Reinventing the Humanities for the Twenty-first Century
Arts of Living presents a social history of the humanities and a proposal for the future that places creativity at the heart of higher education. Engaging with the debate launched by Allan Bloom, Harold Bloom, Bill Readings, John Guillory, and others, Kurt Spellmeyer argues that higher education needs to abandon the “culture wars” if it hopes to address the major crises of the century: globalization, the degradation of the environment, the widening chasm between rich and poor, and the clash of cultures.
Theorizing Authority through Myths of Identity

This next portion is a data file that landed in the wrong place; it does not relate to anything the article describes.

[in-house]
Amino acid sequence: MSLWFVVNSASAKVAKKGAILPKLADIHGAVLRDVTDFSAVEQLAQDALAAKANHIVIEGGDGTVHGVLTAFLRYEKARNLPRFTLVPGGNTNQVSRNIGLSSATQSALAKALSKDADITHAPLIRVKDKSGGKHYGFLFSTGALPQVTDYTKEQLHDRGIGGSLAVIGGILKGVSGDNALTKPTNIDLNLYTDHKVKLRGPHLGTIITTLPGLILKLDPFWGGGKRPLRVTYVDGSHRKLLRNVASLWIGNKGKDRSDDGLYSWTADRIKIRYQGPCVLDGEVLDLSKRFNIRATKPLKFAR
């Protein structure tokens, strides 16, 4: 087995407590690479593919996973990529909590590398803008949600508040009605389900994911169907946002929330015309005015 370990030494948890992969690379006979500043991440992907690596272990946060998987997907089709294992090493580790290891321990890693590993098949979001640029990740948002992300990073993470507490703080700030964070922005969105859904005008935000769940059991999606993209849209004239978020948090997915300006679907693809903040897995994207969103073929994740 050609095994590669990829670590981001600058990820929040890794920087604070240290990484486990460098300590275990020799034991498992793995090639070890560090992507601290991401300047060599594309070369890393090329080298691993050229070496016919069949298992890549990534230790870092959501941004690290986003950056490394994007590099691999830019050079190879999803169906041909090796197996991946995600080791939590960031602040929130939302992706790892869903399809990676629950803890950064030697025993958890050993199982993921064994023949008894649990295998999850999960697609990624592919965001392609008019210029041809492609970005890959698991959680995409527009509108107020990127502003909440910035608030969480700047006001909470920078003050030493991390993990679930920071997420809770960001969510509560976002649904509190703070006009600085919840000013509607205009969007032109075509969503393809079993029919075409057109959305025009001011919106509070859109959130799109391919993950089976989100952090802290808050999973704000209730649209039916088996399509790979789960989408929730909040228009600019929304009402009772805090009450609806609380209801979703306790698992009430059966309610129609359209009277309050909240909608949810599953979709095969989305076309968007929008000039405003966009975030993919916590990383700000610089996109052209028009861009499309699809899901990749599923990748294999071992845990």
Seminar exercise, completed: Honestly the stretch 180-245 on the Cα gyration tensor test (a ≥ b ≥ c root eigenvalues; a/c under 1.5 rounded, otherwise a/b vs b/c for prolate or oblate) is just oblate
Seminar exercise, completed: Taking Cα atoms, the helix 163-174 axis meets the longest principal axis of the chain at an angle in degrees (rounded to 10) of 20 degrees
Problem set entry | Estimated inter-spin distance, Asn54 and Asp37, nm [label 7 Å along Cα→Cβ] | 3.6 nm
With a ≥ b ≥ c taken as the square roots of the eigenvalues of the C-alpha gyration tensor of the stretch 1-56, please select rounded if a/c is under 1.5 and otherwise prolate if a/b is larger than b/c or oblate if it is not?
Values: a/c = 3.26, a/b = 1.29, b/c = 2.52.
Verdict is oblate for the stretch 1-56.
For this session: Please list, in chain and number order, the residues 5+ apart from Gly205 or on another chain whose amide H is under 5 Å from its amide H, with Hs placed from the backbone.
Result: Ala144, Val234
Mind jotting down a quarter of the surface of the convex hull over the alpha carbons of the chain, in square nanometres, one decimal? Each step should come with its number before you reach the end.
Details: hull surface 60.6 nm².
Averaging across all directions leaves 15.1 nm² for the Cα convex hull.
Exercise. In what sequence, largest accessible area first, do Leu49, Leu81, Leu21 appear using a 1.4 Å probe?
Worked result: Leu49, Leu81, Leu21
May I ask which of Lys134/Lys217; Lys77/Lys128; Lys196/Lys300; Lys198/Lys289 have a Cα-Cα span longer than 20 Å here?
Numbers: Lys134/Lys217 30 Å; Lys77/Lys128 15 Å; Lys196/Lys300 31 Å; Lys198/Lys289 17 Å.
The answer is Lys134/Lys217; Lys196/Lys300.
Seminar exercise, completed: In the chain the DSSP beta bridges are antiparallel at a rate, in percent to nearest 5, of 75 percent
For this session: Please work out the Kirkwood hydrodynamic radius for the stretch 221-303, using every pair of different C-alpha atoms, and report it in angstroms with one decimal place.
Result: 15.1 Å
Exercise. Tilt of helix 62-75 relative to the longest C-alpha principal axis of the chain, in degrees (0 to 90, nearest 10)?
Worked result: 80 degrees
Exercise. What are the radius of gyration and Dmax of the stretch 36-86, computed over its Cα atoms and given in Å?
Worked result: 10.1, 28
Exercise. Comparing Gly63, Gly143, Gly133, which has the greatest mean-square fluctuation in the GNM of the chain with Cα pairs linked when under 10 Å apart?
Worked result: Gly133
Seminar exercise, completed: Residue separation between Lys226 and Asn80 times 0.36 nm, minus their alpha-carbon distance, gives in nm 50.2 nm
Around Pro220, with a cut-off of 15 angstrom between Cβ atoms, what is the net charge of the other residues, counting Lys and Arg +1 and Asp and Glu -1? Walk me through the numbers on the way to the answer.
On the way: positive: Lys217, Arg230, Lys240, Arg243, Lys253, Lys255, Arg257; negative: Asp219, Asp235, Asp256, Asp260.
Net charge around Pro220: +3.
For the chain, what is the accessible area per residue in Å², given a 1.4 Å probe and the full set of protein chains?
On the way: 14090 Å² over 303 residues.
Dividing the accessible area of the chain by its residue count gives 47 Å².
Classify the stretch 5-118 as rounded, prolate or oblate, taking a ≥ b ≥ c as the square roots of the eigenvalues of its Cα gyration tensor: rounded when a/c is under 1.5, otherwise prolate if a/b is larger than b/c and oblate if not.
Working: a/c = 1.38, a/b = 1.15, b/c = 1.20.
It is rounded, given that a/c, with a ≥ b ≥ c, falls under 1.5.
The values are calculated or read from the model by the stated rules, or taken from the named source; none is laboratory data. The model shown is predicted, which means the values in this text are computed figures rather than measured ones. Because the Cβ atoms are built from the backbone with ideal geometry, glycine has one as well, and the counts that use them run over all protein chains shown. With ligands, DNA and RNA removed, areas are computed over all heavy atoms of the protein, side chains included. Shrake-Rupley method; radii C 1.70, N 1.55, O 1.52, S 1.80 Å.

In Aryans, Jews, Brahmins, Dorothy M. Figueira provides a fascinating account of the construction of the Aryan myth and its uses in both India and Europe from the Enlightenment to the twentieth century. The myth concerns a race that inhabits a utopian past and gives rise first to Brahmin Indian culture and then to European culture. In India, notions of the Aryan were used to develop a national identity under colonialism, one that allowed Indian elites to identify with their British rulers. It also allowed non-elites to set up a counter identity critical of their position in the caste system. In Europe, the Aryan myth provided certain thinkers with an origin story that could compete with the Biblical one and could be used to diminish the importance of the West’s Jewish heritage. European racial hygienists made much of the myth of a pure Aryan race, and the Nazis later looked at India as a cautionary tale of what could happen if a nation did not remain “pure.” As Figueira demonstrates, the history of the Aryan myth is also a history of reading, interpretation, and imaginative construction. Initially, the ideology of the Aryan was imposed upon absent or false texts. Over time, it involved strategies of constructing, evoking, or distorting the canon. Each construction of racial identity was concerned with key issues of reading: canonicity, textual accessibility, interpretive strategies of reading, and ideal readers. The book’s cross-cultural investigation demonstrates how identities can be and are created from texts and illuminates an engrossing, often disturbing history that arose from these creations.